Exporting: Customs Duties and Documentation
The first question you need to ask is who is paying for the costs of duties?
You or the client? Being clear on this from the start could save a lot of conflict further down the line.
The Importer (person buying / receiving the work) is usually responsible for customs clearance, duties and taxes but you need to be clear on this and make the process as straightforward as possible for your client.
Getting your export documentation right takes time - so don’t leave it to the last minute.
- You will need to understand Tariff Commodity Codes (system of names and numbers to classify traded products and the value of duty required) HMRC will support you in tariff classification and have an online checklist for different types of product. www.gov.uk/trade-tariff.
- Once you have identified your correct Commodity Codes these will be used for your documentation wherever you ship your work.
- Different use for products mean different levels of duty to pay – for example the duties levied on ceramic functional tableware may be different than for a one of a kind ceramic artwork.
- Original, handmade works of art can be tariff free in some countries – this means unique, sculptural objects or items of historic interest, this won’t be the case for batch-produced items or multiples. If you think this applies to your work it is a good idea to include an artists statement / C.V. when sending items deemed to be works of art.
- Sensitive materials (e.g. wood, seed pods, animal products such as horsehair or beeswax) may need separate declaration: clearly list all the materials used and sign and date the document.
If you are attending an exhibition where the work is not for sale, or a trade event where you are hoping to take orders on sample pieces of work, you can take them into the country under temporary import bond. You need to ensure that all the items leave the country as if they are inspected on re-entry back in.
The export documents you need
A commercial invoice is simply a bill for the goods from the seller to the buyer. It is used to determine the true value of goods when assessing customs duties. It should list all the items in the shipment, how many of them and their value. It should state who is the importer and who is the exporter and it should have the name, address and contact for both. Some countries, especially in the Middle East require the commercial invoice to be stamped with a company stamp.
This is a more detailed list of the contents of the shipment. An export packing list includes the seller, buyer, shipper, invoice number, date of shipment, mode of transport, carrier, and itemizes quantity, description, the type of package, such as a box, crate, drum, or carton, the quantity of packages, total net and gross weight (in kilograms), package marks, and dimensions, if appropriate. How you describe your work can have an impact on the customs tariff – ensure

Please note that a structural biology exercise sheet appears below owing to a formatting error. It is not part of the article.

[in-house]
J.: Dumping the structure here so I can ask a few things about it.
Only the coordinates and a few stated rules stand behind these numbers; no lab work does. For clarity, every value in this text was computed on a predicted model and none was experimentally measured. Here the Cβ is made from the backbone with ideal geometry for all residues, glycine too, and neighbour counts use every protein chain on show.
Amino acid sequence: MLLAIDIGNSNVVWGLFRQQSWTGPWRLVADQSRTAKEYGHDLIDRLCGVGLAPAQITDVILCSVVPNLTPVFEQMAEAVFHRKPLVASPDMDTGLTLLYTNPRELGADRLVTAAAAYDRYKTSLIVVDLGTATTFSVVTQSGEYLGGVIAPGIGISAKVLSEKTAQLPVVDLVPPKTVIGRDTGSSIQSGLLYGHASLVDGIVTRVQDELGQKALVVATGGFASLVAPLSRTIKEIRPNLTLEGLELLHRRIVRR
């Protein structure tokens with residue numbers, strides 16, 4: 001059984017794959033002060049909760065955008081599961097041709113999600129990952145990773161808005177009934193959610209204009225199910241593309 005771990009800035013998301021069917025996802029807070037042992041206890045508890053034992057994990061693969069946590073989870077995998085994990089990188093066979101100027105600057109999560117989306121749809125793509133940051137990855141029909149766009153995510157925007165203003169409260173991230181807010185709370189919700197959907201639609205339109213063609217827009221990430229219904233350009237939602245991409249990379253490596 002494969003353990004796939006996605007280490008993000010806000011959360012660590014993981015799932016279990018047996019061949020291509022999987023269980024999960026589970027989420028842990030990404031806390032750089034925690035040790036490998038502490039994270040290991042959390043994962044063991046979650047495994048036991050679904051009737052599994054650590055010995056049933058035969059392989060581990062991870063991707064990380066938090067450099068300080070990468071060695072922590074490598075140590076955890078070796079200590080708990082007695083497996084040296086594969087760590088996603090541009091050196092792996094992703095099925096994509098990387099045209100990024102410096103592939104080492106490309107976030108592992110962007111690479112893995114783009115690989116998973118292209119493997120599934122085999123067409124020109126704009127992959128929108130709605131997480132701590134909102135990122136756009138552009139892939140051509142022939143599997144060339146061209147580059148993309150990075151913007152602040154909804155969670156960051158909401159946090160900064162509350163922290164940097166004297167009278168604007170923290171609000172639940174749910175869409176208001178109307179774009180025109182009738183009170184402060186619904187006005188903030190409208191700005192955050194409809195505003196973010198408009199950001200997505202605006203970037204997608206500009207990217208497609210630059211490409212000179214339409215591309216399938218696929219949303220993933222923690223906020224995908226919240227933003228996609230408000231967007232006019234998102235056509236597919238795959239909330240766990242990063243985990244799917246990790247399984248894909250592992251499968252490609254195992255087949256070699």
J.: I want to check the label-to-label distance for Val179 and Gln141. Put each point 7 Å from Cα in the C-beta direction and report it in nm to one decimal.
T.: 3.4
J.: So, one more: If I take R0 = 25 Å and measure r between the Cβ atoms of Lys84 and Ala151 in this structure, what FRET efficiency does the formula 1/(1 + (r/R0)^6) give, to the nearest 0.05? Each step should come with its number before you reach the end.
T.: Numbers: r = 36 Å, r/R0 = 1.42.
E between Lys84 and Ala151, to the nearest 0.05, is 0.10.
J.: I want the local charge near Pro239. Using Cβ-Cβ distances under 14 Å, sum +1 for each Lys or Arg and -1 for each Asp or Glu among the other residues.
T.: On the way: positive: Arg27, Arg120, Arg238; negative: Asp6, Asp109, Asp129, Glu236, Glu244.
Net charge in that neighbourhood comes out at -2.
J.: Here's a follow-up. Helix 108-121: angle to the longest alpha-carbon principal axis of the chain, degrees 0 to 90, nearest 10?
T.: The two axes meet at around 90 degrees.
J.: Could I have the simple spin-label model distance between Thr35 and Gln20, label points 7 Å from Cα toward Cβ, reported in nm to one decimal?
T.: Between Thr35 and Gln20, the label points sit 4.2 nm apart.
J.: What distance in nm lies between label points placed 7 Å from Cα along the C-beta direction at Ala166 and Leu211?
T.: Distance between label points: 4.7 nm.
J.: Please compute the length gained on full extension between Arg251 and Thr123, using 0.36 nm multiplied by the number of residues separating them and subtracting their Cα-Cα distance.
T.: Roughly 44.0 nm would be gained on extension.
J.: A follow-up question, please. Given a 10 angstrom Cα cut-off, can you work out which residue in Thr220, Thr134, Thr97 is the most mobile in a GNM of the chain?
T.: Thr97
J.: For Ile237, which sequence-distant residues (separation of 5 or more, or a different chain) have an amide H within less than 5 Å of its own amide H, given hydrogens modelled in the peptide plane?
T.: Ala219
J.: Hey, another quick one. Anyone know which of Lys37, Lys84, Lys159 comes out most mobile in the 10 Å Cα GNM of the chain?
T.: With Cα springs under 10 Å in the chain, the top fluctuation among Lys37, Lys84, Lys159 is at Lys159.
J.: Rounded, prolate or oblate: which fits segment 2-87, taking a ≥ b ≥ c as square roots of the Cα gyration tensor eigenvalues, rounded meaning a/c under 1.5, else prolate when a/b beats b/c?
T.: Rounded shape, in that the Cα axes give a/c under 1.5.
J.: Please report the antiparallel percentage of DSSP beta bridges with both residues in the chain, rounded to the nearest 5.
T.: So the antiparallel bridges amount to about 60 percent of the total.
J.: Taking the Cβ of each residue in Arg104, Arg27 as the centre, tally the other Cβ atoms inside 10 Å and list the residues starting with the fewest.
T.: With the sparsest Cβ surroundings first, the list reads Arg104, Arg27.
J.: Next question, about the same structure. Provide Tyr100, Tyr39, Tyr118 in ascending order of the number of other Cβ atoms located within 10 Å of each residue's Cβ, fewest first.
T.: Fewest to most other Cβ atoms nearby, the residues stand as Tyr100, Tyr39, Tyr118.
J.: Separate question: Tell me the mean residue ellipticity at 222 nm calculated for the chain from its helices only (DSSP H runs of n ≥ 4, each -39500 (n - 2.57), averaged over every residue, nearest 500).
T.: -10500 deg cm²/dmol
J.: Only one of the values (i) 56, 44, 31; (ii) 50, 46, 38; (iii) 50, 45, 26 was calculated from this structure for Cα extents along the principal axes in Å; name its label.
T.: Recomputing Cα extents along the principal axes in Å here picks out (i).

that you have described your work correctly. If possible include a low resolution image of each item to make identification really clear.
Foreign customs officials may use the packing list to check the cargo. It is really important that all details are accurate. Don’t estimate weights for example. It may hold up your shipment if the weights you put on the document don’t match the actual items.
A proforma invoice is an invoice prepared by the exporter before shipping the goods, informing the buyer of the goods to be sent, their value, and other key specifications. It also can be used as an offering of sale or price quotation.
Certificate of origin
A Certificate of Origin (CofO) is required by some countries for all or only certain products. In many cases, a statement of origin printed on company letterhead will suffice. The exporter should verify whether a CO is required with the buyer and/or an experienced shipper/freight forwarder. Note: Some countries (i.e. numerous Middle Eastern countries) require that the Certificate of Origin be notarised by the local chamber of commerce and legalised by the commercial section of the consulate of the destination country. Check well in advance if this is required as it will add time and cost to your shipment.
To move goods into or out of the EU you need an Economic Operator Registration and Identification (EORI) number. Her Majesty’s Revenue and Customs (HMRC) uses this number to identify you and collect duty on your goods. You may have increased costs and delays if you do not get an EORI number. For example, if HMRC cannot clear your goods you may have to pay storage fees for your goods. Shippers and courier companies will have their own EORI number and will use their number if you use their services. It only takes 10 minutes to apply online for an EORI number and you may get one immediately but it could take up to three days if HMRC needs to make more checks. For more information visit: www.gov.uk/eori
British Chambers of Commerce are accredited to issue trade and export documents and are a useful source of information if you get stuck with your documentation. www.britishchambers.org.uk/page/trade-support-export-documentation.
‘Know your market: Working internationally requires plenty of advance research and organisation skills. Culture, etiquette and brand awareness are all important in developing successful business relations for export markets.’ Liz Clay, felted textiles